Devin Booker's 70 points doesn't help Suns against Celtics 2017 images

Devin Booker Drops 70 in Suns Loss as Teammates Help Him Run Up the Score

The Boston Celtics beat the Phoenix Suns relatively easily 130-120 Friday night. Normally, this game wouldn’t draw many headlines, but it’ll be all the talk this weekend after the Suns’ Devin Booker dropped 70 points in the match.

70 points. That’s the most in a single game among all active players in the NBA. More than LeBron James and Carmelo Anthony’s career highs. Booker is one of only six players in NBA history to break 70. Michael Jordan’s career-high was 69.

Booker joins a list with Wilt Chamberlain (100, 78, 73, 73, 72, and 70), Kobe Bryant (81), David Thompson (73), Elgin Baylor (71), and David Robinson (71)—a pretty good set of names to be grouped with.

At 20, Booker is also the youngest player by far to accomplish such. The man can’t even drink legally, and he dropped 70 in a professional basketball game against one of the better teams in the NBA.

So, obviously, it’s quite the accomplishment. Booker credits Kobe Bryant, who dropped 81 on the Toronto Raptors back in 2006, with helping him establish the mindset to score as much as humanly possible.

“I seen an interview with Kobe; he said what separated him from a lot of people was everyone thought 30 points was a lot,” said Booker postgame. “He said he never set himself a limit, and that always sticks in my head. He said he’d score 100 if he could. So, he never had a limit; I don’t put a limit on anything. I want to be the best in life. In all parts in life, not just basketball.”

Bryant has been supportive of the 20-year-old NBA sophomore, giving him a pair of shoes with “Be Legendary” written on them last season and speaking with the rookie for 10 minutes after the Suns and Los Angeles Lakers met. Bryant tweeted “#BookEm #70” last night after the game.

“I think he’s fantastic,” Bryant said about Booker last season. “I think he has the right attitude. He has the right competitive spirit. I think his footwork is extremely sound. His fundamentals are extremely sound. Now, it’s just about him figuring out exactly what his game is and then he can go to that every single night and then make counters off of it, but he has the skills.”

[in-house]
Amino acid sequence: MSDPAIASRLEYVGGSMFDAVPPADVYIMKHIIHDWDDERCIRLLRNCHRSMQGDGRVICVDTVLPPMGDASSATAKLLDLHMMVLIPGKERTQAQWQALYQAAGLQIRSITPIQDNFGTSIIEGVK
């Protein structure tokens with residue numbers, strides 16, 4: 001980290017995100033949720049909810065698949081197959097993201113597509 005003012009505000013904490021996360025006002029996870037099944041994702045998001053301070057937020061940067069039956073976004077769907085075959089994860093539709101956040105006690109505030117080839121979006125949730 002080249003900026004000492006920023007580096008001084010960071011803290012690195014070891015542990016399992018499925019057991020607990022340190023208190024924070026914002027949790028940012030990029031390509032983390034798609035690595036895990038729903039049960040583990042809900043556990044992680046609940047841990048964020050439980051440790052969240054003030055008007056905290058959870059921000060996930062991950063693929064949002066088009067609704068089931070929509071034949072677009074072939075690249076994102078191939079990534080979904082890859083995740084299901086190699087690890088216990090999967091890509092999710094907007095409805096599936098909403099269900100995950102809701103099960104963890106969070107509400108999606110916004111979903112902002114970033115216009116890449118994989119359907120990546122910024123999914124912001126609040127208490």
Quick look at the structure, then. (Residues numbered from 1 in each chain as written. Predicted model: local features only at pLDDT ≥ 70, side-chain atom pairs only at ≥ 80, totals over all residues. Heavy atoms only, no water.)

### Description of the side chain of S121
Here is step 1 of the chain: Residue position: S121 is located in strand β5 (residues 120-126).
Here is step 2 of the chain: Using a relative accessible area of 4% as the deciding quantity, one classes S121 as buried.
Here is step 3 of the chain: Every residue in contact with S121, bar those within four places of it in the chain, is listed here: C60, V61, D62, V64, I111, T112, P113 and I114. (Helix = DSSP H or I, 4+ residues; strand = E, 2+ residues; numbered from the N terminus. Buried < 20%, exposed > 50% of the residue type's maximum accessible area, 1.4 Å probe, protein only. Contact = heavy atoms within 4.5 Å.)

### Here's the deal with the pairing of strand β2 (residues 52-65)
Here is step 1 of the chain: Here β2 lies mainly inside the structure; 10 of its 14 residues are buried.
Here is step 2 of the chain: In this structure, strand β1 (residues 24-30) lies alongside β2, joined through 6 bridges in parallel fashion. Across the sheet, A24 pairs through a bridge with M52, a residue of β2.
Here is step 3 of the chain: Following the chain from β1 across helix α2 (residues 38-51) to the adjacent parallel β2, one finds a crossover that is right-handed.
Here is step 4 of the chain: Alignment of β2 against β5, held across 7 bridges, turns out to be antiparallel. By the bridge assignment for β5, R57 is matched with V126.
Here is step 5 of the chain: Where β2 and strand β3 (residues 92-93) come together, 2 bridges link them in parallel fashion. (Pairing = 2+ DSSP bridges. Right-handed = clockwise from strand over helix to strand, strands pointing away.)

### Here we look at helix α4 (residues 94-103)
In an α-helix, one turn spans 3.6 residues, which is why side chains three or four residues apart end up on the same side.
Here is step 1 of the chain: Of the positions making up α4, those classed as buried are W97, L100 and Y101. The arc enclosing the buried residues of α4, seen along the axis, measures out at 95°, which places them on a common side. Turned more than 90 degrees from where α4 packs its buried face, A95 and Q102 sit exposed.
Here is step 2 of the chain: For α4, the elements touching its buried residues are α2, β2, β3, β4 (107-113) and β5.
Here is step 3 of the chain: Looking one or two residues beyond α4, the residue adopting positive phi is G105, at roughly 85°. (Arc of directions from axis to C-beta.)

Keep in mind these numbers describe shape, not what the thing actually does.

Not everyone is as excited as Kobe, though. While the performance is certainly rare, many say that it isn’t special. 16 of Booker’s 70 points came in the game’s final 2:19 of the game as the Suns called timeouts and intentionally fouled the Celtics, not in an effort to win the game, but as a deliberate attempt to get Booker to 70.

The Celtics didn’t appreciate that. As the Suns celebrated history (despite the loss) in their locker room, Boston players took aim at the team for making a mockery of the game in a calculated effort to run up Booker’s total.

“It was weird what they were doing,” said C’s superstar Isaiah Thomas after the game. “I’ve never seen nothing like that, chasing those numbers. I don’t think anybody’s ever seen that. Continue to call time-outs, continue to foul when we’re up 15. But, I mean, it was obvious what they were trying to do—get him the most points possible.”

And that is what they were doing. The Suns won’t deny that. But they had their own reasons for doing what they did.

“The way our season’s going right now, we’re kind of looking for something to celebrate. That meant a lot to see my veterans happy…You have to see the beauty in it. At the end of the day, history was made, and I couldn’t have done it without my team, so they’re celebrating hard.”

Suns head coach Earl Watson was slightly more confrontational.

“Do something about it,” said Watson postgame.

The real question now is, can Booker perform well against the Celtics next time the two teams meet? He now has a target on his head in Boston.

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